Captain Thomas J. Tunstall, of Mississippi, another officer who had been serving at headquarters of the Department of North Carolina, was made Assistant Quartermaster, 19 November, 1862. Benjamin W. Sparks was commissioned Assistant Surgeon 1 September, 1862, and was from Georgia, but on 1 February, 1863, Dr. Benjamin M. Walker, of Plymouth, was ordered to the regiment as full Surgeon. Lieutenant John N. Smith, of Texas, served as drill master and also as acting Assistant Commissary Sergeant. Rev. S. M. Byrd, of Virginia, was assigned as Chaplain 3 October, 1864.
The following were the noncommissioned staff: Thos. S. Armistead, Sergeant Major, Plymouth, Washington County; Calvin J. Morris, Quartermaster Sergeant, Bertie County ; A. L. Fitzgerald, Ordnance Sergeant, Caswell County ; Neil M. Buie, Hospital Steward, Harnett County; J. W. Sorey, Chief Bugler, Martin County ; Levi J. Fagan, of Plymouth, Color Sergeant. The several companies composing the regiment may be briefly named as follows: (Most of the names of enlisted men can be found in the honorable roll compiled by order of the State, and known as "Moore's Roster," but that record, it is well known, is imperfect, many rolls having perished, which recorded the changes incident to time and disease and the casualties of war).
COMPANY A, known originally as the "Rebel Rangers," was from New Hanover, and had seven commissioned, nine noncommissioned officers, two musicians and 155 privates; total, 153. A. W. Newkirk was commissioned as Captain 19 October, 1861; C. W. McClammy was promoted to Captain from First Lieutenant 12 September, 1863, and subsequently to Major in 1864, when D. J. Nixon was made Captain from First Lieutenant. The remaining officers were, as successively promoted: First Lieutenant, A. C. Ward; Second Lieutenants, D. J. Nixon, John W. Howard, A. C. Ward, Louis W. Howard, and Robert C. Highsmith.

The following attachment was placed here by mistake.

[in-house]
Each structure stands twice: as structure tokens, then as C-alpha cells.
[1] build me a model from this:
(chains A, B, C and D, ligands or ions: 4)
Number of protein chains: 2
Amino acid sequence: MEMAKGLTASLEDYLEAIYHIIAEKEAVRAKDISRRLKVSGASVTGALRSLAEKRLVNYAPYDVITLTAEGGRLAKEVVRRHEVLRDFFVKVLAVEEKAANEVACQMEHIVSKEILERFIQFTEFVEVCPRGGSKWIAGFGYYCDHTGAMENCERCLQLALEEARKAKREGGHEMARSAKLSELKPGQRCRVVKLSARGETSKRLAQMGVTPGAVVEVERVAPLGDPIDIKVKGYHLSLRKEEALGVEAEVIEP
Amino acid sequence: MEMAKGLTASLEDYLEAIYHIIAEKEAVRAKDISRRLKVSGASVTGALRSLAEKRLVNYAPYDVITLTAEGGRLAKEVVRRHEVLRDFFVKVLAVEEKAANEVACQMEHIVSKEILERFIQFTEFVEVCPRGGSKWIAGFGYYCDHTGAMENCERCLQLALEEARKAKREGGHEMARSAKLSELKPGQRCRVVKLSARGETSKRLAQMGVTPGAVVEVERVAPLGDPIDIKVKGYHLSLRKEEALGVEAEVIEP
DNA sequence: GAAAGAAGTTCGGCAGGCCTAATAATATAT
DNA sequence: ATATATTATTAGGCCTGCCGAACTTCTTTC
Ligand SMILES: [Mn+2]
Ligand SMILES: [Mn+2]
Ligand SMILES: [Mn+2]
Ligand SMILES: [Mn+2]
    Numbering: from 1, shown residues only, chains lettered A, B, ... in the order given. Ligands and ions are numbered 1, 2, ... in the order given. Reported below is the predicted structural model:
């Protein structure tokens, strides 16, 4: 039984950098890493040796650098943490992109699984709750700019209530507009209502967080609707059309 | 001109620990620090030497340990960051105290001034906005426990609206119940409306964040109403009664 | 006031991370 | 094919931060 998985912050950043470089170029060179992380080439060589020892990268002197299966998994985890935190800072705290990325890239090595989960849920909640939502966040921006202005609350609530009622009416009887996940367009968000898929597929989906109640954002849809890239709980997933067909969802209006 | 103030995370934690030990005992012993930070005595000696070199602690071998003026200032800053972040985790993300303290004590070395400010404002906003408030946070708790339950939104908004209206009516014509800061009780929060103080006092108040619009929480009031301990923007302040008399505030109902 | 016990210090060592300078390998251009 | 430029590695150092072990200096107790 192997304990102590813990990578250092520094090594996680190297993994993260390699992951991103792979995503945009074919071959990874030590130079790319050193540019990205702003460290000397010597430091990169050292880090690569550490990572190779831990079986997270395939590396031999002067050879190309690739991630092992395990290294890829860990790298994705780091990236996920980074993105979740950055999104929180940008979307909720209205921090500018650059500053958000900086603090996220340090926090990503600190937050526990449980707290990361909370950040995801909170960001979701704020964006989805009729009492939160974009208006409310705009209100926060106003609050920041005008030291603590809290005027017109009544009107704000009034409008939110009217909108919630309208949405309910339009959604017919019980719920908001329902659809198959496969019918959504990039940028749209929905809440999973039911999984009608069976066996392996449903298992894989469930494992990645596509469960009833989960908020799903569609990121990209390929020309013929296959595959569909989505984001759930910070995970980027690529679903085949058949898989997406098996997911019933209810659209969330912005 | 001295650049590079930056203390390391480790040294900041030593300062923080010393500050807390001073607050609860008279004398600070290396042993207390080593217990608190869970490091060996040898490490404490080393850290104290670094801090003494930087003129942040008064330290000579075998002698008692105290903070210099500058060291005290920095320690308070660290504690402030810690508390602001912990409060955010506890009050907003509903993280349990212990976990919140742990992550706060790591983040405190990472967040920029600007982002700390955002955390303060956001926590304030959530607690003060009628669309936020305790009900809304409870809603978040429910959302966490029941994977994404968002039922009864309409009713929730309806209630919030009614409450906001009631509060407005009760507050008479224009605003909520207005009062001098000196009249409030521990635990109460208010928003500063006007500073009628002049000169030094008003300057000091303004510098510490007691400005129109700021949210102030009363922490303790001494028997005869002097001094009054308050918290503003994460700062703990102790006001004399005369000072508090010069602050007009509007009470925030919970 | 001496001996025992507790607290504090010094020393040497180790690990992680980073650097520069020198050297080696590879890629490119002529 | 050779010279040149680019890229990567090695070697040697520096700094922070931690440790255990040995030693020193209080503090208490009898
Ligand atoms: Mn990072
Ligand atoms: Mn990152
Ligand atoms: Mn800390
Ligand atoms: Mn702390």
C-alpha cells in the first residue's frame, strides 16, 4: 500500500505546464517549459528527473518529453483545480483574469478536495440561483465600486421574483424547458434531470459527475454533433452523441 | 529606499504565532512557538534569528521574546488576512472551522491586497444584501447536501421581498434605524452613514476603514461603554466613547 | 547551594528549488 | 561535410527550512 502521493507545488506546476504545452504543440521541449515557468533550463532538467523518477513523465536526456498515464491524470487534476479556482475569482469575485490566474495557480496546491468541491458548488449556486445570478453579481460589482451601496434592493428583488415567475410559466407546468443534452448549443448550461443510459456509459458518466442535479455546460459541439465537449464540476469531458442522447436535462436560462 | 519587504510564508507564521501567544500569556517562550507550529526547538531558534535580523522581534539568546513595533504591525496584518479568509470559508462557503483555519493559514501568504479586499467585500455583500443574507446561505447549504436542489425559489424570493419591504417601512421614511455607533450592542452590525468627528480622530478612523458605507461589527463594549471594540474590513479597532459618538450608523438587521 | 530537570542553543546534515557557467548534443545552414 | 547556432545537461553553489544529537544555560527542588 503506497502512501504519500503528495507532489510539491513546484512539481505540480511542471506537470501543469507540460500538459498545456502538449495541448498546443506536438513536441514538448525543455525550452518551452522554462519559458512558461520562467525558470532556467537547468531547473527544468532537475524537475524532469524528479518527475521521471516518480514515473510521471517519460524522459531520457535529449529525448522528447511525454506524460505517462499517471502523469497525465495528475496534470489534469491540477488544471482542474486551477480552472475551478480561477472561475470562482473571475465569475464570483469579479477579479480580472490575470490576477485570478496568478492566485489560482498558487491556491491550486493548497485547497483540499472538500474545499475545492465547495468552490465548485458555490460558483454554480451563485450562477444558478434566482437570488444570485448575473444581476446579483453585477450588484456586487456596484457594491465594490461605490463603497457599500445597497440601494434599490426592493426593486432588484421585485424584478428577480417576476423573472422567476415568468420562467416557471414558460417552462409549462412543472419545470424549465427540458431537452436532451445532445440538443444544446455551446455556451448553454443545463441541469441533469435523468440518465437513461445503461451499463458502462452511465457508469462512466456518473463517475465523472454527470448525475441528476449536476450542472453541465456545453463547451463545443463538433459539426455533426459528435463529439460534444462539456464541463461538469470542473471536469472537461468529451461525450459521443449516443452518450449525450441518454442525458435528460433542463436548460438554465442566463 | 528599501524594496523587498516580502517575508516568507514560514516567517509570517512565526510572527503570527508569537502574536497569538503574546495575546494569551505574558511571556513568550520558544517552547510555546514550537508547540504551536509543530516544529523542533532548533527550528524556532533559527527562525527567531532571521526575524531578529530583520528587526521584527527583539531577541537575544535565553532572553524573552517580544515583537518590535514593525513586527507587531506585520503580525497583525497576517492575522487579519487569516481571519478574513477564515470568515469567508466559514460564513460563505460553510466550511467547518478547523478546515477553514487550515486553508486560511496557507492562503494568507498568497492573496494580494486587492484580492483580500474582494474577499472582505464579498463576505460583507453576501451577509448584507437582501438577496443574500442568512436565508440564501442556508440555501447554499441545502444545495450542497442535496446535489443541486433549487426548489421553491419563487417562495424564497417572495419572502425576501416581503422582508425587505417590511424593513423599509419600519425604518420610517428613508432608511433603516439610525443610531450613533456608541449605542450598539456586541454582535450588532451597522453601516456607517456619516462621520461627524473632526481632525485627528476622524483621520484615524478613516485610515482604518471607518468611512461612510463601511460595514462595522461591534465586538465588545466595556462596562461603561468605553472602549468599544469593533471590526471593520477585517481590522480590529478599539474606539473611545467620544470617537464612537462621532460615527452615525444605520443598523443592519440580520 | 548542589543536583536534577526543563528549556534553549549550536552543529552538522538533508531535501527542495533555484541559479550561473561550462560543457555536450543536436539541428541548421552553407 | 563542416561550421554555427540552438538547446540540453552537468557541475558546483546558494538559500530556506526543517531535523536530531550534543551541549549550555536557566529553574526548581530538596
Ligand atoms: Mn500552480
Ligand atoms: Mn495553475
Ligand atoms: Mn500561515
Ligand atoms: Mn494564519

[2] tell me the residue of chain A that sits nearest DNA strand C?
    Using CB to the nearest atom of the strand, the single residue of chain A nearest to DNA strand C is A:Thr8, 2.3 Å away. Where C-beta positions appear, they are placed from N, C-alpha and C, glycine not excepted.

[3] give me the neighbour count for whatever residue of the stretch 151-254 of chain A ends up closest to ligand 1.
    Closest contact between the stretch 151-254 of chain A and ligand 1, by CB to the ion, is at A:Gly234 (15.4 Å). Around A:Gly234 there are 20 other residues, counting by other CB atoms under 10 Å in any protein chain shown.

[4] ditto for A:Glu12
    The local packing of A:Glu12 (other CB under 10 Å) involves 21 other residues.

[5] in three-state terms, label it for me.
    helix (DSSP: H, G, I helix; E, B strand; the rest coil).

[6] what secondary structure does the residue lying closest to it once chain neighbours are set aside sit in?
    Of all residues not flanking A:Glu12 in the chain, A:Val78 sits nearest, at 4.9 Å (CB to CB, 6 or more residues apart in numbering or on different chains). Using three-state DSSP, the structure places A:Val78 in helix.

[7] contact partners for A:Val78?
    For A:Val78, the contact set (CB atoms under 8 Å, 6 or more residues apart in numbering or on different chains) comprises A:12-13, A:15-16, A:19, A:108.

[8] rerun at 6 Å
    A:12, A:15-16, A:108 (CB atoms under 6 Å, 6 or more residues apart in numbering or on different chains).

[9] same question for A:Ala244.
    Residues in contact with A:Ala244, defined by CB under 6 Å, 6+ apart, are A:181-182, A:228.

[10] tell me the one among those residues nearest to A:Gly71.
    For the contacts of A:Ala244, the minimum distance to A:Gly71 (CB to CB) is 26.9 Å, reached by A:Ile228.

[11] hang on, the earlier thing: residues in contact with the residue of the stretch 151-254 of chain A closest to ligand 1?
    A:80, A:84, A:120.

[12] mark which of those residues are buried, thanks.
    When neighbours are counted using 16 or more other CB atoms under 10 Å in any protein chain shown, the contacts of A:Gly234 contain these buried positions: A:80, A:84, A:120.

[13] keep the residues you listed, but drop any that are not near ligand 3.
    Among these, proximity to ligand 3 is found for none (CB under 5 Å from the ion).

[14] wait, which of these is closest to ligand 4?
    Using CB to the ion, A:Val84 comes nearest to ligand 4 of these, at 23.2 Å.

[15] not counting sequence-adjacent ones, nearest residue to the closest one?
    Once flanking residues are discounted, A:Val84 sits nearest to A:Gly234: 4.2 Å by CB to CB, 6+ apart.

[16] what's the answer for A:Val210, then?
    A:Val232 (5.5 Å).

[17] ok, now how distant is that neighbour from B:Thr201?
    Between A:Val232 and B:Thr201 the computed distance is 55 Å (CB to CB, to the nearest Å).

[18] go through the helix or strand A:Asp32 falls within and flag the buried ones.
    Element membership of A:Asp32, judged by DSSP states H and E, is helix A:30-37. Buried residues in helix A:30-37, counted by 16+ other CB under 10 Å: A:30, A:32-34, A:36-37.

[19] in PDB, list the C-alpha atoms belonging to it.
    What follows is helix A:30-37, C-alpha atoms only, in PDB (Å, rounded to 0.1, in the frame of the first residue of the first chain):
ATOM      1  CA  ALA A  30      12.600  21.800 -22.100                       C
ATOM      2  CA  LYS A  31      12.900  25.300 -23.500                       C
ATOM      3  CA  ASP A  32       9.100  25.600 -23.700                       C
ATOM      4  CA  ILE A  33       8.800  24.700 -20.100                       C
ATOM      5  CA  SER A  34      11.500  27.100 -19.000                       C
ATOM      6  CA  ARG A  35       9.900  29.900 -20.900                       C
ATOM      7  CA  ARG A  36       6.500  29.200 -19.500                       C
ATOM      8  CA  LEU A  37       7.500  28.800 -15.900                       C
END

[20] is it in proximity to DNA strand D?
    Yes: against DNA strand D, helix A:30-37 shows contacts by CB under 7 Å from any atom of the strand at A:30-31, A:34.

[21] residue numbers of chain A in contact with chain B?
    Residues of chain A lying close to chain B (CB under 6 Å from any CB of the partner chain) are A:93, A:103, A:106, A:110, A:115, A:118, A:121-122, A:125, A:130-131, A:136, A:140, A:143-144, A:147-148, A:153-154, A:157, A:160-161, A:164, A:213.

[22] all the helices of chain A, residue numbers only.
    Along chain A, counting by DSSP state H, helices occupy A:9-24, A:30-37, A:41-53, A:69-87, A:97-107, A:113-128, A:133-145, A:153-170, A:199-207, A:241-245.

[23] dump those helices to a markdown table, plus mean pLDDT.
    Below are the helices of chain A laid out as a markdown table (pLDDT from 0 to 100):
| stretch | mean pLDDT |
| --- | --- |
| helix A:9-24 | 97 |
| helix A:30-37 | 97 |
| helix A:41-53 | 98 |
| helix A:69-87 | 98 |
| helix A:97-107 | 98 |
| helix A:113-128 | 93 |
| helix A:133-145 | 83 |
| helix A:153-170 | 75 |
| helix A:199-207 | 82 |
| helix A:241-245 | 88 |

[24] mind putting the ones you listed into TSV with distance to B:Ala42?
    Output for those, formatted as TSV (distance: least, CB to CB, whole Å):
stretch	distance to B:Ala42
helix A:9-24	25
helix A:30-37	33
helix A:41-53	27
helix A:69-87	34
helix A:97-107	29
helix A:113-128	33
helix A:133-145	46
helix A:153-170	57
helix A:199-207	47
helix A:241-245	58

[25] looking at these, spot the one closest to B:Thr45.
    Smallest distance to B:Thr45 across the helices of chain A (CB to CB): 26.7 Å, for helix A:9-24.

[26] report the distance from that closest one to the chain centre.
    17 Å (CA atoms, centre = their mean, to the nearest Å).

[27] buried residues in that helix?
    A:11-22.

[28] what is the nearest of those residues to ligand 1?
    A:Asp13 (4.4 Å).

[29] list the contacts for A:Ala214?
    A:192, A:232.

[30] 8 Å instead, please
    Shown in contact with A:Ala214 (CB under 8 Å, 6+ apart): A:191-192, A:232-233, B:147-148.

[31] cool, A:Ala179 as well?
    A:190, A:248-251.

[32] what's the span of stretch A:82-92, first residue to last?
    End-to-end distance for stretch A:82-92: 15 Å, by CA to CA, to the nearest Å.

COMPANY B, the "Gatlin Dragoons," of Onslow County, had seven commissioned and ten noncommissioned officers, and 122 privates; total, 139. E. W. Ward was made Captain 28 December, 1861, and Bryan Southerland succeeded him 30 November, 1863, having been promoted from Second Lieutenant. The other officers were First Lieutenants L. W. Humphrey, John W. Spicer, and M. F. Langly; Second Lieutenants, Bryan Southerland, (promoted as stated), J. W. Spicer, David W. Simmons, Stephen H. Merton, D. Williams, and M. E. Langly.
COMPANY C, the "Caswell Rangers," of Caswell County, had four commissioned, nine noncommissioned officers, and 87 privates; total, 100. Hannon W. Reinhardt was Captain, (28 February, 1862); First Lieutenant, Jno. W. Hatchett; Second Lieutenants, Stephen A. Rice and James A. Williamson.
COMPANY D, the "Highland Rangers," of Harnett County, had four commissioned, eight noncommissioned officers, and 90 privates; total, 102. Thomas J. Brooks, Captain, was commissioned 5 March, 1862; First Lieutenant, G. W. Beaman; Second Lieutenants, James M. McNeill and W. M. McNeill.
COMPANY E, the "Macon Mounted Guards," from Lenoir and Craven Counties chiefly, with members from Pitt and Chatham, had five commissioned, nine noncommissioned officers, and 64 privates; total, 78. W. W. Carraway and L. H. Hartsfield were Captains, the latter commissioned 7 October, 1861. First Lieutenant, Isaac Roberts; Second Lieutenants, Owen A. Palmer and S. H. Loftin.
COMPANY F, the "Davis Dragoons," from Burke County, had nine commissioned, six noncommissioned officers (whose names have been preserved), and 96 privates; total, 111. T. George Walton was made Captain 7 October, 1861, and succeeded by Elisha A. Perkins 13 May, 1862. First Lieutenants, Hugh C. Bennett and J. C. Tate; Second Lieutenants, J. A. Stewart, W. F. Avery, J. Rufus Kincaid, J. A. Conley, and Henry P. Lindsay.